Anyone knows when the greek/roman (or anyone else) start prohibiting polygamy and why?
closed as not a real question by Wladimir Palant, Hauser, MichaelF, Seth Rogers, Tom Au Dec 10 '11 at 0:15
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There are many many facts that would account for monogamy :
- Gender ratio - The gender ratio at birth is about 1:1. If there is no large scale deaths in males, then polygamy would essentially leave many men wifeless.
- Religion - Christianity bans adultery and polygamy. Given the dominance of Christian Europe in the last few centuries, this has probably had a lot of influence.
- Human Nature - Nobody wants to share. polygamy can probably lead to uncomfortable living conditions.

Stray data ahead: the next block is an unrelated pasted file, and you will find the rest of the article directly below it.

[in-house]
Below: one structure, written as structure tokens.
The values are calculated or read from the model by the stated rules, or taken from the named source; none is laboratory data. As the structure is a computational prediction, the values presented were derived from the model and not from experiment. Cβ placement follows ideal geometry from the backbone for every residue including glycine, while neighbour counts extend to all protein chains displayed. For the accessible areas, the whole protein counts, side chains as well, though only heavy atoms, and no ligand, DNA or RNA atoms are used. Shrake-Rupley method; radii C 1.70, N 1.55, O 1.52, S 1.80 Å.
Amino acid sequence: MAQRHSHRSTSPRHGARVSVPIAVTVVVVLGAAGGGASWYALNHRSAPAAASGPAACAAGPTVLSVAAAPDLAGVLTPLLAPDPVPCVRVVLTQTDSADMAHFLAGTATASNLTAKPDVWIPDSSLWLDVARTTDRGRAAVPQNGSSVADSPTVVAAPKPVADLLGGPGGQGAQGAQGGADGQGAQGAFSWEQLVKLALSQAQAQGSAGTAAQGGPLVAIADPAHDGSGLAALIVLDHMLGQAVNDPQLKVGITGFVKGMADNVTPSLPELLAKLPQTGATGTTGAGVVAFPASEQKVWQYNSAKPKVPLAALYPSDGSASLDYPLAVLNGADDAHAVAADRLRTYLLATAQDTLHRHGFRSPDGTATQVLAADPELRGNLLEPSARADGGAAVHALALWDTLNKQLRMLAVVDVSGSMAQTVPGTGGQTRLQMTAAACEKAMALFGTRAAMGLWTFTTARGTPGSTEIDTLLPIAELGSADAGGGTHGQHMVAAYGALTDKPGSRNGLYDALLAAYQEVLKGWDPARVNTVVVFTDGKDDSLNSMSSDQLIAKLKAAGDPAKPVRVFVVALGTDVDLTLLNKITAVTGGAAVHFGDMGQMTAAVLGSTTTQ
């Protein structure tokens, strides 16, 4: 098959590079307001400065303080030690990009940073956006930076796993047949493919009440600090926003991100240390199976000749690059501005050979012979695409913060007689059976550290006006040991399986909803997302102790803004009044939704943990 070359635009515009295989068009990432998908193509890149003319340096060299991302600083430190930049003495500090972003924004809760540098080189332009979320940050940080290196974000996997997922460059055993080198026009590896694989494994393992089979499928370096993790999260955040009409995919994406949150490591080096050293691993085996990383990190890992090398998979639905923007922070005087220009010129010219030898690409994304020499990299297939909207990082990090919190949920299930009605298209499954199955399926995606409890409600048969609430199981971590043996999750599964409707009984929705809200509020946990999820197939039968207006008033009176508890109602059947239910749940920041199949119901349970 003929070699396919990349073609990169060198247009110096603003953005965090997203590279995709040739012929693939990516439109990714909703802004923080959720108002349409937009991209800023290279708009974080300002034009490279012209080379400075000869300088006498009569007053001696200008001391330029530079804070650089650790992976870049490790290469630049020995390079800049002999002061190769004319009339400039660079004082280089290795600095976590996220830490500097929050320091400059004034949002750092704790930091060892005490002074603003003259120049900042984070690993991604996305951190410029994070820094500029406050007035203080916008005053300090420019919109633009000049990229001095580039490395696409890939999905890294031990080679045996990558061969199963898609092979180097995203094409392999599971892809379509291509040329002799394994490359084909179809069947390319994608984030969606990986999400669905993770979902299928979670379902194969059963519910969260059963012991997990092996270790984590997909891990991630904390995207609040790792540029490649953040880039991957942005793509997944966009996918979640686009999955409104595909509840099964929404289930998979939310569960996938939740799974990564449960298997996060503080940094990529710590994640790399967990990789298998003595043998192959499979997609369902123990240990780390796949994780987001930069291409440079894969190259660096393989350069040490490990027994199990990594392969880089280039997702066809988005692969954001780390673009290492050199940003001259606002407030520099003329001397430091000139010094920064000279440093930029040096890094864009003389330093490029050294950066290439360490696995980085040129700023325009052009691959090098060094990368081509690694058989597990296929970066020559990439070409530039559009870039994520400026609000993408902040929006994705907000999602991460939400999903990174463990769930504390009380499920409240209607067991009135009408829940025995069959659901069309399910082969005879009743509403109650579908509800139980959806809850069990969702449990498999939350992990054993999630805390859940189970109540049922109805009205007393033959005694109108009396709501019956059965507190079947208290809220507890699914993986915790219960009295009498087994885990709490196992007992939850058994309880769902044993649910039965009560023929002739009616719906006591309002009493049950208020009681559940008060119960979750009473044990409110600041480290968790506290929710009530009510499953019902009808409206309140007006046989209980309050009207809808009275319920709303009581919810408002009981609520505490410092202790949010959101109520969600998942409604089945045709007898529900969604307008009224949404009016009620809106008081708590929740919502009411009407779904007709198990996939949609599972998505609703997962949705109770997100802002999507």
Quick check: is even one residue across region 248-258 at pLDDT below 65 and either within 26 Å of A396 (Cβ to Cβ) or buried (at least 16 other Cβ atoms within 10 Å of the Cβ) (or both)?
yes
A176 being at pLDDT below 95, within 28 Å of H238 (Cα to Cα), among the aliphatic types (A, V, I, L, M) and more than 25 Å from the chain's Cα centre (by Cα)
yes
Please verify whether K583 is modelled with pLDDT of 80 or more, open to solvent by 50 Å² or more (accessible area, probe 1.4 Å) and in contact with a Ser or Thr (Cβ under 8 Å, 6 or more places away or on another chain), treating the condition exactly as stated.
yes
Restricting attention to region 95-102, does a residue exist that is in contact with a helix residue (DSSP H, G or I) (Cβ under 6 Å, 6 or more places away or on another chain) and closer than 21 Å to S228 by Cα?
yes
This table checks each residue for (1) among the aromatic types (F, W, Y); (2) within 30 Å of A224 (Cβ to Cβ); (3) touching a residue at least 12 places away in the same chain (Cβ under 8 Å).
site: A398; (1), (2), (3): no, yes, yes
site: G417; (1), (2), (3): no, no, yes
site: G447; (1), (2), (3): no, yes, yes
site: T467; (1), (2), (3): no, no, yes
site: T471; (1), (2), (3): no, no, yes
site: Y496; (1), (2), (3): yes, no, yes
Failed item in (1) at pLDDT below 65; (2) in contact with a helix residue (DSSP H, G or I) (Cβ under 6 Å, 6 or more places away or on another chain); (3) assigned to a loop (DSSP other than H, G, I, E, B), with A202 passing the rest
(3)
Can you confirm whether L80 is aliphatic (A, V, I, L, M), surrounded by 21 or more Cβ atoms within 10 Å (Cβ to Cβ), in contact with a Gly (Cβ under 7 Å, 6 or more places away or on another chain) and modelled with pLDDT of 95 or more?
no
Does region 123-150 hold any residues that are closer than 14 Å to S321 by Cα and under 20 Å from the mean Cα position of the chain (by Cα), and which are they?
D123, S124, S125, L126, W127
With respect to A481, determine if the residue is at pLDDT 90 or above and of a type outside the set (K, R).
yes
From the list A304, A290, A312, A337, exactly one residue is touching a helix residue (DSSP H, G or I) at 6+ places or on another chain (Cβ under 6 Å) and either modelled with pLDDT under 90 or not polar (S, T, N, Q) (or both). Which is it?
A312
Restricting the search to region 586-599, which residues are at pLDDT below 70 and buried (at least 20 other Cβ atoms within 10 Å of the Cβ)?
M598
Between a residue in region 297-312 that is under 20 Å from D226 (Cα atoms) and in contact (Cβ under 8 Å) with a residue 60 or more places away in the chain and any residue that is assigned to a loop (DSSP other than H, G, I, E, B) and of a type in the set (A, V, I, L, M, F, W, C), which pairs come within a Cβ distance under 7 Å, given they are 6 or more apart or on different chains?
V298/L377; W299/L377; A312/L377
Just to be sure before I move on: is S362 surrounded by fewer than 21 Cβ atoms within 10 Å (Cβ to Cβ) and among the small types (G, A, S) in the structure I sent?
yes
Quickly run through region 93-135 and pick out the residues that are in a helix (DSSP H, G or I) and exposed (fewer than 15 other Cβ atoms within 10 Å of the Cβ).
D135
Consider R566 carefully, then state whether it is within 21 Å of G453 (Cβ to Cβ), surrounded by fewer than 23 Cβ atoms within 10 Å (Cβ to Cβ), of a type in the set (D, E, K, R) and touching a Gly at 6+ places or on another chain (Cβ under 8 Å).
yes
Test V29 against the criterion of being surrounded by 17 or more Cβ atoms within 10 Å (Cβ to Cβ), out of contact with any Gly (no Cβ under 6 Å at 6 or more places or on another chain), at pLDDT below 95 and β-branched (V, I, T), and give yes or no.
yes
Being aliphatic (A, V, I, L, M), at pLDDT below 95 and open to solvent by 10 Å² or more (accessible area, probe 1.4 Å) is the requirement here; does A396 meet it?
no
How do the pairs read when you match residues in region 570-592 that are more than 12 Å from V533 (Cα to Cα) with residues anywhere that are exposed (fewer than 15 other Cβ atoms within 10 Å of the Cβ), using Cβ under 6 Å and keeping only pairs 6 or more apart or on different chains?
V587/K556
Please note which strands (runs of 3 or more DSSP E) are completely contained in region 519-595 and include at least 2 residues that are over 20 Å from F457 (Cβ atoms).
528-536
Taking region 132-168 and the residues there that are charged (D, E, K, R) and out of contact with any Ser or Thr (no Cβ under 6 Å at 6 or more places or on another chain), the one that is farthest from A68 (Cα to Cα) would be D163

- Economics - Supporting a wife and children is expensive. Supporting more than one wife and extra children would probably be out of the reach of majority of population in ancient times.
I might also point out that monogamy was already an established custom in the monarchies that have since become democracies, so the correlation (if any), should only be made between monogamy and monarchies. Since most of the known world was monarchial in nature, this essentially means that we don't have enough data for a correlation.
Unlikely. Polygamy was banned in Europe centuries before democracy, and it would have been banned for religious reasons rather than men voting to ban it to increase their chances of marriage.